Ms. El-Haddad said that since the “disengagement” by the IOF, in March, 2006, (citing UN statistics), that “over 8,000” artillery shells have fallen on Gaza, about “a hundred shells a day,” fired by IOF’s air strikes, ground forces or from their naval gunboats. “The only commercial crossing,” she continued, “into Gaza has been closed more than 50 percent of the year. And as a result, the wheat stocks, at one point, were completely depleted and there were bread shortages. People had to line up and get their rations-two bags of bread a day. The problem is that those stocks (wheat stocks) have never been replenished, are unreliable, and also a thousands of tons of fruits and vegetables actually rotted. Millions of dollars were lost. More importantly, exports couldn’t get outside to Europe…”
Summing up, Ms. El-Haddad said, “there are 9,000 Palestinians” languishing in Israeli jails. The overwhelming majority of them, “without charges. Twenty percent of all Palestinians have been detained or imprisoned at one point in their lives-40 percent of men. Gaza,” she concluded, “is very dangerous. It is really at the brink of an implosion, that I can’t emphasize enough. Everything is so unstable right now from a humanitarian perspective…”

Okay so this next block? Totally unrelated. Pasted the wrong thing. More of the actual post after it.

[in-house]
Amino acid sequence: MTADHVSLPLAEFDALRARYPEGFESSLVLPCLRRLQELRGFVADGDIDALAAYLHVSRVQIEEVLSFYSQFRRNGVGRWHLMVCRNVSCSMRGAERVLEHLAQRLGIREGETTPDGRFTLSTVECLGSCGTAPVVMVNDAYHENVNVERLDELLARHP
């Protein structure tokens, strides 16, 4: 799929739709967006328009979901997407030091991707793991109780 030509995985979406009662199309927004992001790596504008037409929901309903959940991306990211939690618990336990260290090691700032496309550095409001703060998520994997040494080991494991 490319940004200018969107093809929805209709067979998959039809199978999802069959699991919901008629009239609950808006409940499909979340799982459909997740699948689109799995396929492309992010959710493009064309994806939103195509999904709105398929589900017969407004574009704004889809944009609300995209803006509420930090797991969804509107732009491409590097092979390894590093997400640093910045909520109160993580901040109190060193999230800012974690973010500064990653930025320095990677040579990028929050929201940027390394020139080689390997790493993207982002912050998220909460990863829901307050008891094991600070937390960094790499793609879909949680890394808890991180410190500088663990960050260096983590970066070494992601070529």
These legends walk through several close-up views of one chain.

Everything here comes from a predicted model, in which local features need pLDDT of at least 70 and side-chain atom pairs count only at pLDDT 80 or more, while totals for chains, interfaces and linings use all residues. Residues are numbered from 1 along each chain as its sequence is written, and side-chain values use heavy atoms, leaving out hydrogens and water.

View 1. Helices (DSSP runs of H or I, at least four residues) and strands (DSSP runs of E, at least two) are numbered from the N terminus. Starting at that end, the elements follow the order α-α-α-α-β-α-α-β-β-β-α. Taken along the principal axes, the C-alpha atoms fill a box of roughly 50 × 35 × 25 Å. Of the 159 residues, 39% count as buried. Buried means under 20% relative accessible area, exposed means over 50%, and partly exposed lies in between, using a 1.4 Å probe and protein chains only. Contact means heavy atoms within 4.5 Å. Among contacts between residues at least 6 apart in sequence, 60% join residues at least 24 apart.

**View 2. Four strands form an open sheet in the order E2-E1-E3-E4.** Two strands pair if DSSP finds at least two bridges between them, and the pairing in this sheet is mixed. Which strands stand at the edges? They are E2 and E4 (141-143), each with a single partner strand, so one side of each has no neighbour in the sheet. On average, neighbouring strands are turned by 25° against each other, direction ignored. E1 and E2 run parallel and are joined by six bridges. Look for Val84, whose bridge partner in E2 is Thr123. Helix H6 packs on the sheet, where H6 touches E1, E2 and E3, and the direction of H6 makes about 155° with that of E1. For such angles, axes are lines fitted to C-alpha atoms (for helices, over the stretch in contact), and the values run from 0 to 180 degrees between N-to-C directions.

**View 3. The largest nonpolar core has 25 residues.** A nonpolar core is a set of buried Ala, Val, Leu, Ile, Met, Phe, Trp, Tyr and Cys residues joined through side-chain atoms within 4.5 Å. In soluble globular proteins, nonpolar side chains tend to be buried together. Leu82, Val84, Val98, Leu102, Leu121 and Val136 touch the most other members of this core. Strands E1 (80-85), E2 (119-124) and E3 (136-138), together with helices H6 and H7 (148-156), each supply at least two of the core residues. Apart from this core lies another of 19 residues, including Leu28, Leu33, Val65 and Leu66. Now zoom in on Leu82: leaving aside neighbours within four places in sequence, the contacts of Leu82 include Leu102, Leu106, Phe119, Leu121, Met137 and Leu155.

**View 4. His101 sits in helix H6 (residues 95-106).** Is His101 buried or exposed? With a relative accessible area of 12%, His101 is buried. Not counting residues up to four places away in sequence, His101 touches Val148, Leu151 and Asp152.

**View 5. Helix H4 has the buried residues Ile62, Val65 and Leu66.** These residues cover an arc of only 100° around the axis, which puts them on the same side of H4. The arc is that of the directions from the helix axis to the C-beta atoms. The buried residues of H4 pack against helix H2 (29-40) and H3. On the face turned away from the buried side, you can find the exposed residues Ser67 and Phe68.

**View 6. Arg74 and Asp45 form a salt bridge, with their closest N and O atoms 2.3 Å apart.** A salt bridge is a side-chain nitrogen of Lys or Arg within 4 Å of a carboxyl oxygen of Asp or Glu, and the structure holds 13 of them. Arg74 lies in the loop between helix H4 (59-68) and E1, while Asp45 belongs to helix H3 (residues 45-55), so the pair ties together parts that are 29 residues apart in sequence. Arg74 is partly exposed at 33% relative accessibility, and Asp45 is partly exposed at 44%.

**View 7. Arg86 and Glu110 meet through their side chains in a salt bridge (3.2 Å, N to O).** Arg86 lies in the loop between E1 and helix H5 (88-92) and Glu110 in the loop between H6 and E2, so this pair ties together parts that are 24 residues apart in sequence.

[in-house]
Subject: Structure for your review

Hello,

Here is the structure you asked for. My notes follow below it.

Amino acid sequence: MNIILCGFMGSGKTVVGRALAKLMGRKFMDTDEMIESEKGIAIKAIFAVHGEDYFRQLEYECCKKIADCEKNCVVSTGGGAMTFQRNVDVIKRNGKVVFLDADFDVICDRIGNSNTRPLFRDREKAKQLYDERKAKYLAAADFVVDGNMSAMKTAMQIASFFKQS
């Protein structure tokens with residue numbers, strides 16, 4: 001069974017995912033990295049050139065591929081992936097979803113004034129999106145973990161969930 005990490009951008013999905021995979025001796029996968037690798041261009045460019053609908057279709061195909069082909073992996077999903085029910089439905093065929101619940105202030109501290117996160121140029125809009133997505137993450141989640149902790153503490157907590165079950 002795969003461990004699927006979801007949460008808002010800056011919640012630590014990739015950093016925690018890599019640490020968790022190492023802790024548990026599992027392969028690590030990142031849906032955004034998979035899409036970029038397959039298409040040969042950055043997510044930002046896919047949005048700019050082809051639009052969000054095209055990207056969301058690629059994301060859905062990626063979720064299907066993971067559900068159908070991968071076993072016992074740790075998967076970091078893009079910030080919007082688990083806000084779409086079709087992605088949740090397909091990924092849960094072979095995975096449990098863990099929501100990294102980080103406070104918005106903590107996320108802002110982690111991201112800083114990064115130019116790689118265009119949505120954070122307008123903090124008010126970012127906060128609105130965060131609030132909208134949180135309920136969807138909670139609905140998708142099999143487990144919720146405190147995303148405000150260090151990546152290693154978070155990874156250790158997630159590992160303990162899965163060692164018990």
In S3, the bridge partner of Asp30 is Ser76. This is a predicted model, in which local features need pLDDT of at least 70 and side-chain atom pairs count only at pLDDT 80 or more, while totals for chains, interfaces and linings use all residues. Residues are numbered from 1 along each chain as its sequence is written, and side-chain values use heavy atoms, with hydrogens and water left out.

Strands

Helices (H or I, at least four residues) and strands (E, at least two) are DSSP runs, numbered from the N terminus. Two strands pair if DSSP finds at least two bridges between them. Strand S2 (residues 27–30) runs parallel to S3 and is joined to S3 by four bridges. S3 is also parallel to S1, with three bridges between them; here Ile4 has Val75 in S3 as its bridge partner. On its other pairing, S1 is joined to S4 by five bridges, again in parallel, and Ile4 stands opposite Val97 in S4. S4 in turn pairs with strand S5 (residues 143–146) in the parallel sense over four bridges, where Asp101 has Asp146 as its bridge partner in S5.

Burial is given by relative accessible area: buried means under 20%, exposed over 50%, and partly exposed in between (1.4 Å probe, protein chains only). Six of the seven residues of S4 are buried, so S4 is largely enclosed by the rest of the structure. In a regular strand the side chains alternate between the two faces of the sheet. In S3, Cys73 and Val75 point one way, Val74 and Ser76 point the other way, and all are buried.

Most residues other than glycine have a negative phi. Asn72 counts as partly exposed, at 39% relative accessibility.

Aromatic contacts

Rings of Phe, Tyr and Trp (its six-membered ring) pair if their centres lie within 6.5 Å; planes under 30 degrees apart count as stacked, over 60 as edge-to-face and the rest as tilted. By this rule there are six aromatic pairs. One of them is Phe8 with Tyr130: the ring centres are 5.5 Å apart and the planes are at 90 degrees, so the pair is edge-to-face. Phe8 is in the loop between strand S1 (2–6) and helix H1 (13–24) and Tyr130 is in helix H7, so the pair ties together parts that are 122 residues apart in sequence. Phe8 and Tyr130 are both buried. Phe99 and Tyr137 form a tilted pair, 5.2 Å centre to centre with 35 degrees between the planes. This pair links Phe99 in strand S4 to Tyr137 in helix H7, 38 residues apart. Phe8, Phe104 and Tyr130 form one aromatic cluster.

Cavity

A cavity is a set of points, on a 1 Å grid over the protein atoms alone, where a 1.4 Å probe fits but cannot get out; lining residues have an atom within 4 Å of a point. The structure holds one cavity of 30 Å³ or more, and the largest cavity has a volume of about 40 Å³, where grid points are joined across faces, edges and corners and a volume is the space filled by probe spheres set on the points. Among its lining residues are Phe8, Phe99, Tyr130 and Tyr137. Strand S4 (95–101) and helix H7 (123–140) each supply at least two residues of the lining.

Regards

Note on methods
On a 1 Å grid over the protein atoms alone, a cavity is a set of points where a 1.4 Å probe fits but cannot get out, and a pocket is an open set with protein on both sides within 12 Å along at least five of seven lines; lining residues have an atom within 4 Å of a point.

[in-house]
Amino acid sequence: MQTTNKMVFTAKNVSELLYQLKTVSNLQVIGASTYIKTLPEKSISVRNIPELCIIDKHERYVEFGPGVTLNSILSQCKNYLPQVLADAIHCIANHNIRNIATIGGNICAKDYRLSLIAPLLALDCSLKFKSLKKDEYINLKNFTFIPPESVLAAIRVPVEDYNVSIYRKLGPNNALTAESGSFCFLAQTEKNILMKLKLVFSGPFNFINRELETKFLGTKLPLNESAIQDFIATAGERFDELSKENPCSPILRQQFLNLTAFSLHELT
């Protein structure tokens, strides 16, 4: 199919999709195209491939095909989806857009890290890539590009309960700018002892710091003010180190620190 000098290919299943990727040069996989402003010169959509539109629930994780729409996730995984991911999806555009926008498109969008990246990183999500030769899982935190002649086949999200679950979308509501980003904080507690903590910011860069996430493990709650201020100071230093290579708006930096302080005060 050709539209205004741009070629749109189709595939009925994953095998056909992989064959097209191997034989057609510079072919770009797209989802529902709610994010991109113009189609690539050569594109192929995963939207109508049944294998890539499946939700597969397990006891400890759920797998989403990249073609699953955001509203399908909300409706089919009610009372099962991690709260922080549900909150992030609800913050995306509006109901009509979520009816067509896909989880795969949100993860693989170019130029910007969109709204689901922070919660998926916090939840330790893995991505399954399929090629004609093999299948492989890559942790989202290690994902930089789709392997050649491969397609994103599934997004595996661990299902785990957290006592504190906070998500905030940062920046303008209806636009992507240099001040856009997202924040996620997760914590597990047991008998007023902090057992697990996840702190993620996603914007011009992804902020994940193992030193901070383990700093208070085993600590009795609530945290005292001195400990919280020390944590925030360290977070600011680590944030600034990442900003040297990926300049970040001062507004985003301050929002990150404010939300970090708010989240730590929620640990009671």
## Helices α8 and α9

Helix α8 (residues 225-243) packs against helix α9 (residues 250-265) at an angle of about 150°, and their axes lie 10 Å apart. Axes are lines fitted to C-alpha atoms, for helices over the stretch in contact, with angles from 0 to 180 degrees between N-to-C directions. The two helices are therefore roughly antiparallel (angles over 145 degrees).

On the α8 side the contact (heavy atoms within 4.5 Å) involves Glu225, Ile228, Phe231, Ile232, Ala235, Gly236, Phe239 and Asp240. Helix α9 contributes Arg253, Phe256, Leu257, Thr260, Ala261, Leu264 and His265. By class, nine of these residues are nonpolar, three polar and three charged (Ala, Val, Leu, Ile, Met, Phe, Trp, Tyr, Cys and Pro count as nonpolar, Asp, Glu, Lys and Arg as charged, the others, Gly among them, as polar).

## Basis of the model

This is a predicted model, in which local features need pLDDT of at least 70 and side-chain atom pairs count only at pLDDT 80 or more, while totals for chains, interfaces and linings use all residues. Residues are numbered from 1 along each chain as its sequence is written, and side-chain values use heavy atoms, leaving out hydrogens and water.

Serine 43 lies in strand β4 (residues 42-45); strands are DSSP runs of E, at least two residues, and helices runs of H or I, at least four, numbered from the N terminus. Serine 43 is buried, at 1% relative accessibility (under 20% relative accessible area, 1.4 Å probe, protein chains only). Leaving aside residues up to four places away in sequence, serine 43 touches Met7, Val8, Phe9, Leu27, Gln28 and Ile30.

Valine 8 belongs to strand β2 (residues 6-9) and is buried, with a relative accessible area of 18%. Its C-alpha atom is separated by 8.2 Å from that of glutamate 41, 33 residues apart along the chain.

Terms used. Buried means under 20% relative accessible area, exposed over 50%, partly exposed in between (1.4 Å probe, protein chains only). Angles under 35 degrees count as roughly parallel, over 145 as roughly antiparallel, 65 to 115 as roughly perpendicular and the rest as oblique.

Finally, as a result of the authoritative and scholarly Harvard Study, many in this country have come to the shocking realization, that the Israeli Lobby has been exercising “unmatched power” over our foreign policy for more than 40 years, which hasn’t been in the national interest. (6) Whether that will make any difference in how the American people reply to this latest outrage, (read collective punishment), by the Israelis over the Palestinians, remains an open question. Nevertheless, the Israelis, and their Hard Right Zionist supporters in the U.S., should be put on notice that a day of justice is coming. The brilliant Scottish historian, Thomas Caryle, put it this way: “Foolish men imagine that because judgment for an evil thing is delayed, there is no justice…Judgment for an evil thing is many times delayed…but it is sure as life, it is sure as death.”
WILLIAM HUGHES is the author of “Saying ‘No’ to the War Party” (IUniverse, Inc.). He can be reached at firstname.lastname@example.org.
© WILLIAM HUGHES 2006.